So there is no external I/O going to your disks. Traditionally you’ve had to go outside of the server, go to the disk that is across the fabric -- and everyone else is sharing that fabric.
So you have many people sharing a fabric, versus now you have a dedicated fabric inside of the server. So it’s a copper-to-copper connection inside the server. Those disks are right on top of the processor. That is really the essence of it -- you can pull the data off of this rapidly because it’s all so much faster. As Willie indicated, you can strip out all the unnecessary data and pass a much smaller data set over a much wider pipe, back to your database servers. There are so many levels of performance improvement here.
Gardner: And to your point on the secret sauce -- you are also taking advantage of all those cores via multiple threads, and the software has been a deeply tuned to take advantage of those multiple threads in a concurrent fashion.
Hardie: Oh, absolutely, and Rich touched on that as well.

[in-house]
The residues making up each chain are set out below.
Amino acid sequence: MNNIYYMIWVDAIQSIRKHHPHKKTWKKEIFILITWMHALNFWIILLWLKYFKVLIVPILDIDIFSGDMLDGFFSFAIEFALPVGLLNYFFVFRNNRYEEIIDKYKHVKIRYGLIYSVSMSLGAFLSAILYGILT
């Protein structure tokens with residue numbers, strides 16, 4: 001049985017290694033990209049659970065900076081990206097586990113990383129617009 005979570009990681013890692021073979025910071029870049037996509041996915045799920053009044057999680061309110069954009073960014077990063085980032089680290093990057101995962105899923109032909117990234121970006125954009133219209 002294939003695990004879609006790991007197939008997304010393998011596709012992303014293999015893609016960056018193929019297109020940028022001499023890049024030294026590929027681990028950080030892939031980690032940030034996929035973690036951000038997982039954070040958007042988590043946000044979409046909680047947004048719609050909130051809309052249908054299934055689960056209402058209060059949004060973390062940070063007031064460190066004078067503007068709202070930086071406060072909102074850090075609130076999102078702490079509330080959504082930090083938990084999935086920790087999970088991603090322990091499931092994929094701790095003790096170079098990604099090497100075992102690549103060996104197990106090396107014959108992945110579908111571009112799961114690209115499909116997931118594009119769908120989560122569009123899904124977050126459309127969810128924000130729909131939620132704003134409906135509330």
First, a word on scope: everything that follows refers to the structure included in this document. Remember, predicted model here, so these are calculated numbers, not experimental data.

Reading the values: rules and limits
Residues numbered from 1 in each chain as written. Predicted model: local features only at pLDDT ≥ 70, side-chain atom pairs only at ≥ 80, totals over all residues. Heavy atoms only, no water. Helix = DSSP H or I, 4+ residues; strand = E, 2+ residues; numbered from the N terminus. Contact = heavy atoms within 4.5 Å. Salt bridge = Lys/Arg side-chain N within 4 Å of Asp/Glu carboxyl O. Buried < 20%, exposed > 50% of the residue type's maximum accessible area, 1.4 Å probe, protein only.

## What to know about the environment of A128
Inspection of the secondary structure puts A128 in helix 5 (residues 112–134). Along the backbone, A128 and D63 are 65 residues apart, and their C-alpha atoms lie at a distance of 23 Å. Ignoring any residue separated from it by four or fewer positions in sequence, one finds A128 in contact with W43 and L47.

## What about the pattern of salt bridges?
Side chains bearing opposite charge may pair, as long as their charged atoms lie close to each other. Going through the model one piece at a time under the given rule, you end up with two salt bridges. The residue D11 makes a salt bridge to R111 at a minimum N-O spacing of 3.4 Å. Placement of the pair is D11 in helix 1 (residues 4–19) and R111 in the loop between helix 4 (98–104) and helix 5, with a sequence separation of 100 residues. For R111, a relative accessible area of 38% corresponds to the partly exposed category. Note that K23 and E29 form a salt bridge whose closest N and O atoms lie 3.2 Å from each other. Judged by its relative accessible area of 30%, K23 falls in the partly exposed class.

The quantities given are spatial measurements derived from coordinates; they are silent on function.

Palmer: When we add more Exadata Storage Servers into our configuration we can take advantage, not just that additional storage capacity, but we can now take advantage of that additional processing capability -- to own that storage layer, which is a big, big difference.
Gardner: And at the announcement here, Oracle Chairman and CEO Larry Ellison described use cases where improvement typically was 10x to up to 72x over what has been the industry benchmark.
Hardie: Absolutely, when you actually cut away the technology and look at this from a business perspective, what it means for me as a business user -- it means that when you’re accessing those data warehouses that Rich was talking about earlier -- like a call data record -- data warehouse have billions of rules additionally. What this means, when you’re accessing those, your queries are going to run much, much faster than they ever did previously. Not only will they run faster, you can have much more queries and more long-running queries concurrently. That’s what is going to be making the big difference.